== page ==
Thanks to a number of supply chain initiatives, including the use of new voice picking technology, and other cost-reduction schemes, WH Smith says its high street business saved £18 million last year.

The company said that reducing costs was a main element of its business strategy, and it was continuously looking for ways to save money in all areas.

It’s a tactic that seems to be working, as the high street division’s operating profit was up four per cent – reaching £56 million for the year to August 31st – even though the company has experienced a seven per cent drop in sales.

Commenting on the results, a spokesperson for the company said that this was good progress, and explained that, as well as the addition of voice picking in the distribution centres, other ways in which costs were reduced included rolling out energy-efficient tills to all high street stores, remodelling transhipment routes and other operational efficiencies.

“We also have a number of initiatives on trial such as: improving trailer configuration in our distribution centres; centralising energy management for stores; more self checkouts; and changing our web site hosting,” the spokesperson added, explaining this should add up to an additional $10 million in savings and bringing the overall target to £22 million over the next three years.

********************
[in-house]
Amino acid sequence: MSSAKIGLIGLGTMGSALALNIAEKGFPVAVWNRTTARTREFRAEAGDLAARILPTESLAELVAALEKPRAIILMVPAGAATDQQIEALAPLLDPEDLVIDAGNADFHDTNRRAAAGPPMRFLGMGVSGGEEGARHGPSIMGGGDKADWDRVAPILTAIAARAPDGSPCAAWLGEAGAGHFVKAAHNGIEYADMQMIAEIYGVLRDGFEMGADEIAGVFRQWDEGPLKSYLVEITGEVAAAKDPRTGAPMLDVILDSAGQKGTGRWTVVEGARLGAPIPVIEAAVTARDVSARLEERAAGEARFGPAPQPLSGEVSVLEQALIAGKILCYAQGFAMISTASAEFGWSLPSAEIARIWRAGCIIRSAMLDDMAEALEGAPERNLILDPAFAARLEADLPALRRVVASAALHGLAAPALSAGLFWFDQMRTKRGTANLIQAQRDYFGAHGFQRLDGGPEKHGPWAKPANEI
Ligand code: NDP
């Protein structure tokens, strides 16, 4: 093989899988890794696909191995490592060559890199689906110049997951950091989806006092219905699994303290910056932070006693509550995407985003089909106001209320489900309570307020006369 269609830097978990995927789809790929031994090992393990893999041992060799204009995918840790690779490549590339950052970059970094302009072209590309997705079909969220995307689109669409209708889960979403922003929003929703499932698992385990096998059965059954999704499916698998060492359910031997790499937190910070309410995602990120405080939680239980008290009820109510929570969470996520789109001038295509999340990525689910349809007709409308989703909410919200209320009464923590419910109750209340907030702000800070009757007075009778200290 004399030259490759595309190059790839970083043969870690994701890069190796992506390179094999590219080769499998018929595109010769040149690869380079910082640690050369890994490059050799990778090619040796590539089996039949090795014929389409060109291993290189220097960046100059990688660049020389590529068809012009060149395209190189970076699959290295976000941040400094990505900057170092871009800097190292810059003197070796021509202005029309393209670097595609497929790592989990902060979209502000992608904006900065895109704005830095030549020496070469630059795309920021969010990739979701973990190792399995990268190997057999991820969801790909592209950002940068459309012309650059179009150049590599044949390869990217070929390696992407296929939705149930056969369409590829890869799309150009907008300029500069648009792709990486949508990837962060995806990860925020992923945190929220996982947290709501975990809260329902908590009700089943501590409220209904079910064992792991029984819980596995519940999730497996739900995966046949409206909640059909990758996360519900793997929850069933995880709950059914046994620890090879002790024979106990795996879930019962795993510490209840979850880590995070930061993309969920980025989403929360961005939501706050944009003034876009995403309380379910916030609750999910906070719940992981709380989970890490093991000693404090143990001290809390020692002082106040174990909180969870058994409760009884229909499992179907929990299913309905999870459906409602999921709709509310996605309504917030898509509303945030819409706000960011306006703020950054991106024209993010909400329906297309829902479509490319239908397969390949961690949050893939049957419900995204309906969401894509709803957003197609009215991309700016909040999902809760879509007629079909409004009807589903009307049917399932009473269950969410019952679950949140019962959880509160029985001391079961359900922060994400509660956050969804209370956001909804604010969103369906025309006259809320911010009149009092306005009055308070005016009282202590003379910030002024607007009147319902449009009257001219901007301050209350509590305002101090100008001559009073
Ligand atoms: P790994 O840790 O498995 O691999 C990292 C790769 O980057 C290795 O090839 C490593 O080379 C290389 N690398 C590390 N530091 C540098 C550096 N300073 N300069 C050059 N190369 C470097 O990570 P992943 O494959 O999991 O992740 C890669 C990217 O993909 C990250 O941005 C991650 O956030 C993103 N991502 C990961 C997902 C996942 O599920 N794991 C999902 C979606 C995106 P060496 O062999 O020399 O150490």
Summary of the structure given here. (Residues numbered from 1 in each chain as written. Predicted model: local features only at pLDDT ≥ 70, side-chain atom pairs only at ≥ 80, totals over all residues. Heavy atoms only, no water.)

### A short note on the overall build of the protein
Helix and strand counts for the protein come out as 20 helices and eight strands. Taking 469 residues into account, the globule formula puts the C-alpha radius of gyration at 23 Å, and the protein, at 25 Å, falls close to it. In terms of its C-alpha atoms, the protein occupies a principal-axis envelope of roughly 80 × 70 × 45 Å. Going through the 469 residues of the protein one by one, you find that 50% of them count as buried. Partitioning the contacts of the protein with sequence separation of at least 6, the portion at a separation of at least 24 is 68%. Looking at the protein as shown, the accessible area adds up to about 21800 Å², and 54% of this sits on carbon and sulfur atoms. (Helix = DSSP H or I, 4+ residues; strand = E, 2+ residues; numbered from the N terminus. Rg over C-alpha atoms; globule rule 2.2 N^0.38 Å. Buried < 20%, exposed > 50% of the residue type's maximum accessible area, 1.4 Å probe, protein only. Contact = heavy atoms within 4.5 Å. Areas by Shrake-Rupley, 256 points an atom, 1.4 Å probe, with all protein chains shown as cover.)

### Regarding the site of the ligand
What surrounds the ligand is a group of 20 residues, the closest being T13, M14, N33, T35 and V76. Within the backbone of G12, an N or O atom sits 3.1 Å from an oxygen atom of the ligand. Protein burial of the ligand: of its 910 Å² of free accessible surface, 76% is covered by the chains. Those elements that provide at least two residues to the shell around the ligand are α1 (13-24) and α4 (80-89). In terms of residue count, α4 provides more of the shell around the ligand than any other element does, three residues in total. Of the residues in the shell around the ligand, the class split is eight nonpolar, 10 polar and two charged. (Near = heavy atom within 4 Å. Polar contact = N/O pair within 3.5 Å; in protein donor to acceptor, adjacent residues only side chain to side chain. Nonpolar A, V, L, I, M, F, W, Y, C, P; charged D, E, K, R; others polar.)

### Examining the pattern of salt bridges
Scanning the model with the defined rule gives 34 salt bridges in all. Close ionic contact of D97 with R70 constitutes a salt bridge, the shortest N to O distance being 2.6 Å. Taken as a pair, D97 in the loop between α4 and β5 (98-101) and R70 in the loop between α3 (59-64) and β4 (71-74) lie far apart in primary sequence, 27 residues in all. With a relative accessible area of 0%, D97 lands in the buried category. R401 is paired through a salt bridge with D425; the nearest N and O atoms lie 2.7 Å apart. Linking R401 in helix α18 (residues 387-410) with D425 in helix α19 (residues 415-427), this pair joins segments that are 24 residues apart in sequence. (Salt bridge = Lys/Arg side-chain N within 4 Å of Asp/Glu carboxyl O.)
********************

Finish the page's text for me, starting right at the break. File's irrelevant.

The firm’s focus on cutting costs and generating profit from stores, even when sales fall is a strategy that was first put into place by chief executive Kate Swann, who ran the business for ten years. Her replacement, Stephen Clarke has pledged to continue this tactic.

“Looking to the year ahead, we continue to plan cautiously in an uncertain environment, however we are a resilient business and are well positioned for continued growth in both the UK and internationally,” he said.

Meanwhile, independent retail analyst Nick Bubb indicated that finding ways to cut costs – such as in the supply chain and other behind-the-scenes processes – was a good way to keep a company afloat without changing the customer experience. This is certainly something that supply chain managers should consider when looking for ways to improve business efficiencies.

“The message is that there is no need to change something that is still delivering the goods,” he said.